Combat Power Outages by Grabbing a Portable Generator for Your Home

Combat Power Outages by Grabbing a Portable Generator for Your Home
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When the energy shortage was announced, many of us began to fear whether we’d be among those left without electricity in our homes. Suddenly, everyday things we take for granted such as keeping our refrigerator running, using the microwave and turning on the lights were in danger. So, if you’re worried about a power outage affecting your home, why not consider a portable generator?

While there are some people who already own a portable generator, there’s been an increase in sales since the energy crisis was announced. According to a tweet by eBay Australia, the sales have increased by 300%. Understandably, many are concerned that their households could be hit next and have prepared accordingly.

Of course, a portable generator isn’t just limited to keeping your fridge going during electrical outages. You can also take one with you camping, use one to charge an electric vehicle or power essential medical equipment at home.

Unless you’re an electrician, you might not know a whole lot about generators and which one is right for you. From diesel to petrol and solar-powered generators, we’ve decided to break down the important things you need to know before selecting a portable generator for your home.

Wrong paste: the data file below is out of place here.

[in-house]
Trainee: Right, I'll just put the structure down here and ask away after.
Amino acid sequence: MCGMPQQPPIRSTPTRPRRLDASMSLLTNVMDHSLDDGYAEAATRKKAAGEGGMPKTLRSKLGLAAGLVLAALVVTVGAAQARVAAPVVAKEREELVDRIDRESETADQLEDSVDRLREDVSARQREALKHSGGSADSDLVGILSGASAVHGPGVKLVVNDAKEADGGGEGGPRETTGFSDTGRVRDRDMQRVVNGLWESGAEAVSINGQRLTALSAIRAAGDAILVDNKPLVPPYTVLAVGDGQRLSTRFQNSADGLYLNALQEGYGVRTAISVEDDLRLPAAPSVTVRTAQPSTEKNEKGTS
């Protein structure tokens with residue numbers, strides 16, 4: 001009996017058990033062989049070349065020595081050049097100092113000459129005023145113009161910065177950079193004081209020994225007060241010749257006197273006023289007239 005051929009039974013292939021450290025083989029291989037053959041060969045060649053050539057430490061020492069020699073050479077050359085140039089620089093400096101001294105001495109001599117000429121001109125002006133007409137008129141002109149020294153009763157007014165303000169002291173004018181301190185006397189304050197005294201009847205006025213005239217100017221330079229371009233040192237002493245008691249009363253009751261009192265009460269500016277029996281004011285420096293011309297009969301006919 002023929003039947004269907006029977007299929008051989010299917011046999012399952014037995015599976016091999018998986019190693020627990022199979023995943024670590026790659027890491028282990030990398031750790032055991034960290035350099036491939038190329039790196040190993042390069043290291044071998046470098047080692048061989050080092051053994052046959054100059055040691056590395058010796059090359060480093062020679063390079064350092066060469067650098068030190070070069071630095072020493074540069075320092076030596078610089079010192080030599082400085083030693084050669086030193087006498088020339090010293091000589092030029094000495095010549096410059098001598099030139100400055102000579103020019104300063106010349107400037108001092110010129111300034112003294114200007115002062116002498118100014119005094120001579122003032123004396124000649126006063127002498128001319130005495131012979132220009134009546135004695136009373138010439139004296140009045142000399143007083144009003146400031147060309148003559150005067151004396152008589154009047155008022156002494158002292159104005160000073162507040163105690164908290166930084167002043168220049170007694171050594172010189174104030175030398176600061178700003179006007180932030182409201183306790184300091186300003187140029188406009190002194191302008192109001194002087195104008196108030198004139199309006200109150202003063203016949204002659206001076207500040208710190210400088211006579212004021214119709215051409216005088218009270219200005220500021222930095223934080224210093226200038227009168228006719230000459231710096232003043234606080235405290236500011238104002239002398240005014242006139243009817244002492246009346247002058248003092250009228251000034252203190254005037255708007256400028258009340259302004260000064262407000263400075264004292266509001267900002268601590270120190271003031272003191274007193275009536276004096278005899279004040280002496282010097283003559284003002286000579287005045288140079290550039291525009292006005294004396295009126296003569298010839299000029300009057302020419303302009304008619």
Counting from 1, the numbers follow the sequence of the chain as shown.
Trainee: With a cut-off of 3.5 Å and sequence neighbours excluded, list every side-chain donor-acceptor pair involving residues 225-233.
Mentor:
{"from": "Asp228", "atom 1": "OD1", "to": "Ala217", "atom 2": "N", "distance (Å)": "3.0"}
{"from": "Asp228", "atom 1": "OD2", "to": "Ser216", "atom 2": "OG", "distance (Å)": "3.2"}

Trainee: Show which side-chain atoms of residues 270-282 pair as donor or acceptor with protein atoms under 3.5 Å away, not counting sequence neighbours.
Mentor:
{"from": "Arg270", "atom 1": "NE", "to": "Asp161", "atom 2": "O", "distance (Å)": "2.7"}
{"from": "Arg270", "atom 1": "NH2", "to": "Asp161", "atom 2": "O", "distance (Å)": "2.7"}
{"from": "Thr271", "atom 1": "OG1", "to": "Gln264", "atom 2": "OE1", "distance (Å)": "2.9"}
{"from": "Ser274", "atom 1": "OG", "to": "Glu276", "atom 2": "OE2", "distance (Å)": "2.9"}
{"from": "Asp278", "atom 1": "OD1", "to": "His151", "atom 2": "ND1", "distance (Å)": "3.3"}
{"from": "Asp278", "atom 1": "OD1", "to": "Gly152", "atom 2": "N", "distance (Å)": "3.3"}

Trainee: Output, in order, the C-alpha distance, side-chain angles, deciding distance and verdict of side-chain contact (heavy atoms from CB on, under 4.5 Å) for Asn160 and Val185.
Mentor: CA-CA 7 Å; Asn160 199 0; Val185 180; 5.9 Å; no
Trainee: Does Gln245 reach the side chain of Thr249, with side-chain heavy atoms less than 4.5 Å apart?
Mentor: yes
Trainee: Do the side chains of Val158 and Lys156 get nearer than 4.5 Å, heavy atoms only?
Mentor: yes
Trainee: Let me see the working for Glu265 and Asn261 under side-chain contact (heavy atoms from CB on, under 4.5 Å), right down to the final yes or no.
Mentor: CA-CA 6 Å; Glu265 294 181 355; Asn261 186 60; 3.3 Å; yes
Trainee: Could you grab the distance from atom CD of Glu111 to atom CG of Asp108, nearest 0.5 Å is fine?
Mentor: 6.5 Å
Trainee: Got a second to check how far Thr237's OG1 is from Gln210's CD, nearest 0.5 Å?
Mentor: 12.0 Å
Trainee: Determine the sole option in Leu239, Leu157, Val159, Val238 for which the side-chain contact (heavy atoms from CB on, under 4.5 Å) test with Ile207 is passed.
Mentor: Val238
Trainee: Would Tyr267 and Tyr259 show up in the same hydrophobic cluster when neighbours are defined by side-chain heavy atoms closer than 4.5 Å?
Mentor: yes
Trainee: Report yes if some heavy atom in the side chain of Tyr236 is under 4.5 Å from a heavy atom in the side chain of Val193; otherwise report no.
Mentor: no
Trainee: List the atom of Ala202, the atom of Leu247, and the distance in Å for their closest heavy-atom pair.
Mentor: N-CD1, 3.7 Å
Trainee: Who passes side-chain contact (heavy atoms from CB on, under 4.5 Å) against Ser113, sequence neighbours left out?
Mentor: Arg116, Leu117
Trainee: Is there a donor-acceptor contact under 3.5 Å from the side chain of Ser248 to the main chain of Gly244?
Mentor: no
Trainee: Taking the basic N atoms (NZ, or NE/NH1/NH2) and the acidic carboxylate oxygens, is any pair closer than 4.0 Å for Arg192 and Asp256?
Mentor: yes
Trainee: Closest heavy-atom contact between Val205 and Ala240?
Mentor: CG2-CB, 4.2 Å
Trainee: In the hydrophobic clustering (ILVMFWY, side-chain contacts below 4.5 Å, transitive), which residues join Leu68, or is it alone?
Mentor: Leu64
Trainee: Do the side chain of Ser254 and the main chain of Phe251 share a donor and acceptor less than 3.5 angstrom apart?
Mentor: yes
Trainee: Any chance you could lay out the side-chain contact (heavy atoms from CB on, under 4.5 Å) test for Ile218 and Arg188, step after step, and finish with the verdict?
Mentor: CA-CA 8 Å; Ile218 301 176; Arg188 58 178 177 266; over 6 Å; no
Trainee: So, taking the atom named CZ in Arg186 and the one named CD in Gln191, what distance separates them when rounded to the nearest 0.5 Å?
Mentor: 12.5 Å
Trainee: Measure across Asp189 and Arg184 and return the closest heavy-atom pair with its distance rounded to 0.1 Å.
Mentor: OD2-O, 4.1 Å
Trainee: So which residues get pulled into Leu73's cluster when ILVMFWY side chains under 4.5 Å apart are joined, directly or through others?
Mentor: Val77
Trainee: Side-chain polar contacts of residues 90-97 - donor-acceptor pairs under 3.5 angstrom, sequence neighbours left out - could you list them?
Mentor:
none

What is a portable generator?

Image: Yamaha

A generator is a device that, quite simply, produces electricity. It works by converting mechanical energy from an external output into electrical energy, which can then be used as a secondary power source.

There are typically two types of generators: standby and portable. A standby generator is ideal for powering large structures, such as a business or a home, while a portable generator can keep four to six appliances and electronic devices running, which should allow for any brief outages.

It’s important to keep in mind that generators aren’t meant to act as a long-term solution to power woes, and realistically can only hold enough energy to power homes for between seven to nine hours on average.

We don’t imagine many will need, nor want, a standby generator. After all, they tend to be huge, expensive, difficult to maintain and require annual servicing. If you’re considering getting one, we recommend grabbing a portable one since it’s easier to carry and store while also being less expensive than a standby one.

What to look for when investing in a portable generator

Always ensure you keep any portable generators seven feet away.
Image: Cromtech

Before purchasing a portable generator, the first thing you need to consider is how much power you’re going to need for your home. Generators are typically sold by output, which is measured in watts. The more power you need, the higher wattage you’ll want to look out for.

If you’re in the middle of a power outage, it’s better to concentrate on what you need than concern yourself with powering the whole house. For instance, your fridge is the most obvious appliance that will need power, since it’ll prevent your food from spoiling. A fridge tends to run at 700 watts, not including the start-up watts, which you’ll want to keep in mind if you have other appliances you want to run. Those who require medical equipment will also want those devices to be front of mind.

There are usually three sizes when it comes to portable generators: small, which maxes out at 2,000 watts; medium, which can produce between 2,500 and 4,000 watts; and large, which can generate 5,000 watts or more.